Business Management Student Faces the Unimaginable Three Months After Enrolling
When Susan Jones enrolled to earn her college degree five years after graduating high school with two kids and a full-time job, she thought she knew what she was up against. But just three months later, she faced the hardest thing she’s ever had to overcome.
Building a family
Susan always wanted to earn her Bachelor’s degree. After meeting her now husband, getting married and discovering she was pregnant, however, Susan’s college experience came to a halt just months after graduating from high school.
“I was paying out of pocket and decided it would be best to focus our finances on our growing family,” she says.
So, for the next five years, Susan poured her energy into being a mom. Eventually, when she felt it was time to return to work, she got a job in Human Resources at Yukon Kuskokwim Health Corporation. Soon after, Susan was nominated for the Compass Program, an opportunity that encouraged her to enroll in the Business Management program at Rasmussen University.
Facing the unimaginable
Though going to school, having a family and working full time was enough to manage on its own, another—much bigger—challenge was soon added to the mix. Susan’s daughter was diagnosed with Leukemia.
“The 10 days in the hospital following her diagnosis were the worst days of my life,” she says.
For the next nine months, Susan and her two kids traveled to different oncologists and were not able to come home. This left her husband on his own, working to pay for a house they’d closed on just one month before their daughter’s diagnosis.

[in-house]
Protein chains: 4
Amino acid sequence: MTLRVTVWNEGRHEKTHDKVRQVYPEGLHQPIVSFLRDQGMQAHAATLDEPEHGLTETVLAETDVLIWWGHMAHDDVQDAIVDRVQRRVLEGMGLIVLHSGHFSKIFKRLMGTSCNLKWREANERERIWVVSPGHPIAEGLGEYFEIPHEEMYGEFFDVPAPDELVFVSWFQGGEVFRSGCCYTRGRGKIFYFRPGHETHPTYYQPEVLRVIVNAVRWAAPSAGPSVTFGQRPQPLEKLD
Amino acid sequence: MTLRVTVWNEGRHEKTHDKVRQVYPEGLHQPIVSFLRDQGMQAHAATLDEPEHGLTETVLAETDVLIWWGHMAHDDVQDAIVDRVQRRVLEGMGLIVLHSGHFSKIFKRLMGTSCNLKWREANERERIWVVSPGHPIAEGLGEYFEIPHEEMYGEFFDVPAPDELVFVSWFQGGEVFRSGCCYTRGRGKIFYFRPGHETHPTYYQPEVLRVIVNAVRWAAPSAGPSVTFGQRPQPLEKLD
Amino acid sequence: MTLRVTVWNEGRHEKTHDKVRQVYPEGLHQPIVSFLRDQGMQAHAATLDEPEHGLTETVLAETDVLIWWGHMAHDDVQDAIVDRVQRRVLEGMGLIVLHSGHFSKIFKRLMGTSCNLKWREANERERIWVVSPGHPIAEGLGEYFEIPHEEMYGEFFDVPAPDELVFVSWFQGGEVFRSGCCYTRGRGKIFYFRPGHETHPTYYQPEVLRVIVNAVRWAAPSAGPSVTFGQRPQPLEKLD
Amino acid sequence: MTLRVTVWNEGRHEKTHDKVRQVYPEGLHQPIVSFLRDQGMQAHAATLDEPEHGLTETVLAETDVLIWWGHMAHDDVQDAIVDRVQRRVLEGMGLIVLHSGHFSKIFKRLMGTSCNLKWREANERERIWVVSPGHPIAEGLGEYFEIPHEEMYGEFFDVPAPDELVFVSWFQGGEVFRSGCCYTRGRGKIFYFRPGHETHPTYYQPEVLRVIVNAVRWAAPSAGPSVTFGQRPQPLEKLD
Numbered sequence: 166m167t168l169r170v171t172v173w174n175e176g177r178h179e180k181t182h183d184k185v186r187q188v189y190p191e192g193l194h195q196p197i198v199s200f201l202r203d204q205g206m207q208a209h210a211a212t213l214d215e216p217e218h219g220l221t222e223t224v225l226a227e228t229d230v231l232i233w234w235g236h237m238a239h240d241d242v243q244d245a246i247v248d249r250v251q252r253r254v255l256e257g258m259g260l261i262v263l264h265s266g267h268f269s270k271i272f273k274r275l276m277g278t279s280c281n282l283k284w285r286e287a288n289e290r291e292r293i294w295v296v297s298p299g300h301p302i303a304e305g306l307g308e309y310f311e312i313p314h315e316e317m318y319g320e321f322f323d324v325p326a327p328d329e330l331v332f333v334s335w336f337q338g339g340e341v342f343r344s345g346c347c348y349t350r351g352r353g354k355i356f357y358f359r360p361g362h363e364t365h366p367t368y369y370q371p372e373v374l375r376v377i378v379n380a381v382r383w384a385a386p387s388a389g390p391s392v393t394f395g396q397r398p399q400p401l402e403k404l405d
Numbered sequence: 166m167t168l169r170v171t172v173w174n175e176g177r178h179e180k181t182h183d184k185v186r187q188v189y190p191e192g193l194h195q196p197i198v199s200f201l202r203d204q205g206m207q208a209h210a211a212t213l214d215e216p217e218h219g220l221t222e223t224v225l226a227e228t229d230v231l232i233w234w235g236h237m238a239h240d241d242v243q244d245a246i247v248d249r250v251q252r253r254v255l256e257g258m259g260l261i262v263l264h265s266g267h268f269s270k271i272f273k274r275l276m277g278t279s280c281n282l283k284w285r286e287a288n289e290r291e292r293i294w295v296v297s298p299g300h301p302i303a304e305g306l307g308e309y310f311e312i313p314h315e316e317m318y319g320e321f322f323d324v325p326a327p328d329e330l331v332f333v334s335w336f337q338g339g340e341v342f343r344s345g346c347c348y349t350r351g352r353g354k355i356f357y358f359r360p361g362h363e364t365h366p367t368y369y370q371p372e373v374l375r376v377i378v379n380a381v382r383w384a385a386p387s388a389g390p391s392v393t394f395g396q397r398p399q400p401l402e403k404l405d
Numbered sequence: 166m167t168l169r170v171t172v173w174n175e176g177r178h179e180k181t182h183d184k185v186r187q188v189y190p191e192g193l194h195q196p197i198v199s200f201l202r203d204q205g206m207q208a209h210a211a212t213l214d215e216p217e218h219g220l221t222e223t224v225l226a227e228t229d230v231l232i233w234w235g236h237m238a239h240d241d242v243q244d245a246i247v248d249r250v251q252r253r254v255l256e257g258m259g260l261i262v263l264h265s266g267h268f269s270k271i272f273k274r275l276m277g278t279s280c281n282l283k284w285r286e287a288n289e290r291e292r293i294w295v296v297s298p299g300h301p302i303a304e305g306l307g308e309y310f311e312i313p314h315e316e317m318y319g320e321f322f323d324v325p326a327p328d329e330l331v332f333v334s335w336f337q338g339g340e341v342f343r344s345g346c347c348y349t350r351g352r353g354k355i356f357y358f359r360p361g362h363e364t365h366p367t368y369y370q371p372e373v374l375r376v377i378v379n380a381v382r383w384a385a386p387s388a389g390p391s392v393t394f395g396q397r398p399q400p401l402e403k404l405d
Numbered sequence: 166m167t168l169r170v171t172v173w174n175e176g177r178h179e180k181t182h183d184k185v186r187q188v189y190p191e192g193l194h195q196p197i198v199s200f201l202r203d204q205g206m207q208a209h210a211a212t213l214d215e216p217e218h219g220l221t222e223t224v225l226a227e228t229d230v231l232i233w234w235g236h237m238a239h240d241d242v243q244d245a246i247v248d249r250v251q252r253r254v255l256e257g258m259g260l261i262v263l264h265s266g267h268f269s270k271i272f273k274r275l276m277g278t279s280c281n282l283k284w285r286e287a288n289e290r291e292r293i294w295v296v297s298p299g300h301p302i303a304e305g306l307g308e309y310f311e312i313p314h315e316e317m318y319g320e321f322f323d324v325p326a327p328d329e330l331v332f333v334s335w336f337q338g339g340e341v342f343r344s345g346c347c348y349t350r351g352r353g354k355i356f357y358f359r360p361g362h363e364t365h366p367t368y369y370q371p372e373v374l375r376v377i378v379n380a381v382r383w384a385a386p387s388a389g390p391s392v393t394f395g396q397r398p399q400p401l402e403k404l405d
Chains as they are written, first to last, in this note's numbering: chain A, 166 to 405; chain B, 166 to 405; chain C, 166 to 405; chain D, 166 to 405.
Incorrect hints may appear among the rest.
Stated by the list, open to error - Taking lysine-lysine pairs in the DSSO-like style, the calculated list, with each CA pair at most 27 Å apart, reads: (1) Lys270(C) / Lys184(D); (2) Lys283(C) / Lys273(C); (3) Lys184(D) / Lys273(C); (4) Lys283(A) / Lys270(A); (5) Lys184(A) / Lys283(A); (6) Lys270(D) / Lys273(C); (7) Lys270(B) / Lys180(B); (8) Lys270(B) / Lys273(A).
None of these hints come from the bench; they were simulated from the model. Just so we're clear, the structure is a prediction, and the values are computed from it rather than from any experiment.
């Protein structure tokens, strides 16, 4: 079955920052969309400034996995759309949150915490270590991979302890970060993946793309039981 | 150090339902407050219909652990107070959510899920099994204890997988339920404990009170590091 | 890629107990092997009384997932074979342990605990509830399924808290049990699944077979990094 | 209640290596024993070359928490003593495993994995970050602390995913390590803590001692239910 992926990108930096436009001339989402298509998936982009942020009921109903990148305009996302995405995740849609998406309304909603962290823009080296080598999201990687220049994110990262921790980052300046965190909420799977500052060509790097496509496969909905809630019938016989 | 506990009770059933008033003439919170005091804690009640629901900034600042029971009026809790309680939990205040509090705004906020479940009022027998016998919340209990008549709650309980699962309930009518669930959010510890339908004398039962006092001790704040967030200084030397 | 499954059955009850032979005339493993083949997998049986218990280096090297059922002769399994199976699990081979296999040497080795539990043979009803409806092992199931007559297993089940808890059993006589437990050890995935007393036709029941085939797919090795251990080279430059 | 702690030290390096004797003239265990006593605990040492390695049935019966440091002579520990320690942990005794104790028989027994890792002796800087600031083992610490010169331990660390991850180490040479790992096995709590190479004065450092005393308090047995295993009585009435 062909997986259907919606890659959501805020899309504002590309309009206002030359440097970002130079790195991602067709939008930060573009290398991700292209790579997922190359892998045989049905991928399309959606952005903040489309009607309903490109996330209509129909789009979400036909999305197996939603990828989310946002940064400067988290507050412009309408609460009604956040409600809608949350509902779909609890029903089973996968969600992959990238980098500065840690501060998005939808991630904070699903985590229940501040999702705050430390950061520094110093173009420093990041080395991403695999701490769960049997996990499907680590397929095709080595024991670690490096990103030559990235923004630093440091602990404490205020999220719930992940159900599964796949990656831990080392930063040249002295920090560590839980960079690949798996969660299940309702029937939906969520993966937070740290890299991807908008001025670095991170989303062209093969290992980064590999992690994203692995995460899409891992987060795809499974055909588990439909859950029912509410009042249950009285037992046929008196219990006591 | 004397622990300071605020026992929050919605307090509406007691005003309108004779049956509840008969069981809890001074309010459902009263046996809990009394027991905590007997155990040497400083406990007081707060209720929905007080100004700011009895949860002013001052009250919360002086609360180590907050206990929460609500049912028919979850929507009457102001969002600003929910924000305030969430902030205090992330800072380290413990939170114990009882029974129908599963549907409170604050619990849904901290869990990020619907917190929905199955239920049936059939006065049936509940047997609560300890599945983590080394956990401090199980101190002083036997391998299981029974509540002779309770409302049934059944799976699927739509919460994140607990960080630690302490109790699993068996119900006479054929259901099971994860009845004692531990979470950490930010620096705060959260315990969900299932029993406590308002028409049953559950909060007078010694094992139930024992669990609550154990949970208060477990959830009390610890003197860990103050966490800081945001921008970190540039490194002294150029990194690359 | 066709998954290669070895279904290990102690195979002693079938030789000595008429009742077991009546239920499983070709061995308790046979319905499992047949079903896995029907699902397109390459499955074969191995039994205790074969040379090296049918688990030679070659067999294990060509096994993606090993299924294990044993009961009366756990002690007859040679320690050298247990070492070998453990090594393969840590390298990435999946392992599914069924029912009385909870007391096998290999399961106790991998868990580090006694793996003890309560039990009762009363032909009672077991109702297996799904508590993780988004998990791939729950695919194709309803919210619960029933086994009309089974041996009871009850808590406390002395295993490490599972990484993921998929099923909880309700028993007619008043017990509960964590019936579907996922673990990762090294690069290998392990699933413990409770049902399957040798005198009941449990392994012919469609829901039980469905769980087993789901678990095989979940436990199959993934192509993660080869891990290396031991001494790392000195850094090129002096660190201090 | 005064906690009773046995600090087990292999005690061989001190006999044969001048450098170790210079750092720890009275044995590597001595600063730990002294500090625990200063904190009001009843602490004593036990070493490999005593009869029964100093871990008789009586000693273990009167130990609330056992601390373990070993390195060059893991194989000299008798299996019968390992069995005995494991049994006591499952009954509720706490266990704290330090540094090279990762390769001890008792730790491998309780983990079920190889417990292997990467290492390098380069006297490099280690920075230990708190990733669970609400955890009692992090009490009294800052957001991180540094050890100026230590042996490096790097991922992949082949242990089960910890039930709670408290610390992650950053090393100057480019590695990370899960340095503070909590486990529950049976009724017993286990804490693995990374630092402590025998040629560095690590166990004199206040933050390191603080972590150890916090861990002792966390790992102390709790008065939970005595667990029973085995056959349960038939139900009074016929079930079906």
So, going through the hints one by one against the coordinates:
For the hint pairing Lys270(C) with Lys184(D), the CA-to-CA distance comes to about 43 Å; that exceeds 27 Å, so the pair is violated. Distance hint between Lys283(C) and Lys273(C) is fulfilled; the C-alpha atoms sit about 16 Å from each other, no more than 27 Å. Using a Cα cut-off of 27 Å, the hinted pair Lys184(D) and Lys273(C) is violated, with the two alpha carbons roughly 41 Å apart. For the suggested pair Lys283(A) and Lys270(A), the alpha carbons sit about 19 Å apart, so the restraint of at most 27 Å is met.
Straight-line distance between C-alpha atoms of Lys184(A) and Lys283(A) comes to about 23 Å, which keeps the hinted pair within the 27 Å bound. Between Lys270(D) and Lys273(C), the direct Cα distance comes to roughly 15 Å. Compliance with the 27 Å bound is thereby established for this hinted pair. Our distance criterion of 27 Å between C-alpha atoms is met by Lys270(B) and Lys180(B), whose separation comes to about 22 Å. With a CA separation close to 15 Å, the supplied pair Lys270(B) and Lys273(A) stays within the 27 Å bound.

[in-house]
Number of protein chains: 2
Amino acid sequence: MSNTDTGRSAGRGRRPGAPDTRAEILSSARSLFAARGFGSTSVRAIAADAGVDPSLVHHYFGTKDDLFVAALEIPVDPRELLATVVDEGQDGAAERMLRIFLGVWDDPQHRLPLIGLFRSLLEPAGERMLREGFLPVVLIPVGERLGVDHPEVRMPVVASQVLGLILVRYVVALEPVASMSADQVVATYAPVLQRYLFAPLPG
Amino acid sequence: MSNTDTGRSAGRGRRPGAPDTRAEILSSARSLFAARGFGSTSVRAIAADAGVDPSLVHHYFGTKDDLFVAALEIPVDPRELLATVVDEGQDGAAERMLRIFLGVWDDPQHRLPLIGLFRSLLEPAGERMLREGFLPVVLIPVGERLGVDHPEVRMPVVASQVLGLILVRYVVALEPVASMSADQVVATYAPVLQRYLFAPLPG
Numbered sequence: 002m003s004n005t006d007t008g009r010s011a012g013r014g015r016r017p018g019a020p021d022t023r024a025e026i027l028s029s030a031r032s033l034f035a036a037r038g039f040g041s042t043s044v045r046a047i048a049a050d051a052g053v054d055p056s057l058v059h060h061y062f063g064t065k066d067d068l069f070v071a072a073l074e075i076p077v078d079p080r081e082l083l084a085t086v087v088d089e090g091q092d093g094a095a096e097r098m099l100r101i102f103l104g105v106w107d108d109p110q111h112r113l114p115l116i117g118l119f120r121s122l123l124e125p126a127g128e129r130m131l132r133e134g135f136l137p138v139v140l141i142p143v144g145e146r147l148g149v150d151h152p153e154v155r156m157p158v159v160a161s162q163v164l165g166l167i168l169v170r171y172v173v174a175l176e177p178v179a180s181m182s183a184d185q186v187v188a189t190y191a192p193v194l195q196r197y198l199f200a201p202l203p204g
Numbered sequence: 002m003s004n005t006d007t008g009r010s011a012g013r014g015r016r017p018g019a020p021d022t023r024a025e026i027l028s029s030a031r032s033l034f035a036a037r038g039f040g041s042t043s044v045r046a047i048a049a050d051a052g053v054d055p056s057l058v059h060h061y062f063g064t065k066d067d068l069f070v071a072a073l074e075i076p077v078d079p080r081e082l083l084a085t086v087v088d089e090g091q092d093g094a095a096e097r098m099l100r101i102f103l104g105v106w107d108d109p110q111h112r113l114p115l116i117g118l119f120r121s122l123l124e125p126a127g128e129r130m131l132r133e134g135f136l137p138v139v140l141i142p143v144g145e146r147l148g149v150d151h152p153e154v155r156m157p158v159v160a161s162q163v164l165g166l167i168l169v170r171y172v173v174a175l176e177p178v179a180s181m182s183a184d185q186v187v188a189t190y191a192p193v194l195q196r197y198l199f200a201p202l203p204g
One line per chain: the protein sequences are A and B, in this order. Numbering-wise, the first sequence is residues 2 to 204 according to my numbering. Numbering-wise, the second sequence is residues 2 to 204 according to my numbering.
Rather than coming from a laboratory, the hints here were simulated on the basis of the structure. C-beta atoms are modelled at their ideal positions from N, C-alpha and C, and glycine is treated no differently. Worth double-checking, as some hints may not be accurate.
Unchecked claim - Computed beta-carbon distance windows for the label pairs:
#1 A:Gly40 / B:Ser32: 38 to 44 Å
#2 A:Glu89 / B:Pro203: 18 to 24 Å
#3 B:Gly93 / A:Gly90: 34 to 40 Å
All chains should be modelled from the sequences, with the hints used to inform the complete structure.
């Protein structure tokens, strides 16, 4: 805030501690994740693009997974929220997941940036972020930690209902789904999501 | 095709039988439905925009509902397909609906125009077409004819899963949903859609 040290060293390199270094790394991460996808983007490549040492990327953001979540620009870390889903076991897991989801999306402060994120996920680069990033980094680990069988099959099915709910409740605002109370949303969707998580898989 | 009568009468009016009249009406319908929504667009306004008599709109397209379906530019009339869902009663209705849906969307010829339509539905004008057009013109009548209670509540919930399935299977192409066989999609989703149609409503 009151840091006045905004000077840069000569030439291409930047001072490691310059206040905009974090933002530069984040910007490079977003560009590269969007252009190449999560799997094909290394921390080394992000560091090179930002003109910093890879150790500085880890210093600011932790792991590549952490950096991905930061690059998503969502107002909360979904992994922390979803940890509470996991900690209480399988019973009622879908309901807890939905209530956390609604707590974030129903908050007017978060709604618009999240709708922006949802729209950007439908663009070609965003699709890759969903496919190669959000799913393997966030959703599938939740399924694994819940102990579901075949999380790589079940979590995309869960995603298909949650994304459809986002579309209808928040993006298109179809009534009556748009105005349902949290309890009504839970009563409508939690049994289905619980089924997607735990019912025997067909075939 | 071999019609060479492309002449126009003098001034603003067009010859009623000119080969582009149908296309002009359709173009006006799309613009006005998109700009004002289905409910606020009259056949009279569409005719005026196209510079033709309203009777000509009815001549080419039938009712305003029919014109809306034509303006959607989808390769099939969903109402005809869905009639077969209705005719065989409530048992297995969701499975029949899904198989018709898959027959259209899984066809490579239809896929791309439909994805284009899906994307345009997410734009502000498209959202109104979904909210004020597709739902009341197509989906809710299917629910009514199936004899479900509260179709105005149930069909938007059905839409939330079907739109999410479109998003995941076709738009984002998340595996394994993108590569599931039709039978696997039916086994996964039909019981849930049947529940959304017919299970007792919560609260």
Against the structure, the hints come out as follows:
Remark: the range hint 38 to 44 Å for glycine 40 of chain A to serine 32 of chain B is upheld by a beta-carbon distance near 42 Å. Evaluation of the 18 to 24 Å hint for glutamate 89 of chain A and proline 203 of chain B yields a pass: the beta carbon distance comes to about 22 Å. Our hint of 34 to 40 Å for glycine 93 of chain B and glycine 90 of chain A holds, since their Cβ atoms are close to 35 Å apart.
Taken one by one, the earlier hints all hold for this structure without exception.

Anyone else might have dropped out of school, but somehow, Susan kept going.
“I had postponed my goal for five years already,” she says, “and I was ready to do whatever it took to meet my goal. I had adopted the mindset that once I start something, I need to finish it.”
Despite her daughter’s chemotherapy appointments, unexpected hospital stays and countless late nights, Susan persevered. Even through the birth of her third child and the onset of a global pandemic, she kept going.
“Many times, I would be nursing my baby and listening to lectures or oddly positioning myself, the baby and my laptop to get some work done. This only got more challenging come March 2020 when COVID closed the schools, and I had to homeschool the kids while taking my own courses and taking care of a newborn,” she says.
Holding on to hope
Between July of 2017 and December of 2020, Susan Jones earned both her Associate’s and Bachelor’s degrees in Business Management from Rasmussen University. And after two and a half years of chemotherapy, Susan's daughter is now cancer free.
“My kids are my biggest inspiration,” she says, “If my six-year-old could battle cancer with a smile on her face even on her toughest days, I could do what needs to be done—to be the role model my kids deserve and attain my degree to provide for them the best I can.”
Now, Susan and her family are spending more time together while her husband works from home and she prepares to apply for a job in her field of study. Even after everything she’s been through, Susan remains hopeful for the future—and is even considering earning her Master’s degree.
“Challenges may seem impossible to overcome,” she says, “but you’ve got to tell yourself that you can work through them and take them one step at a time.”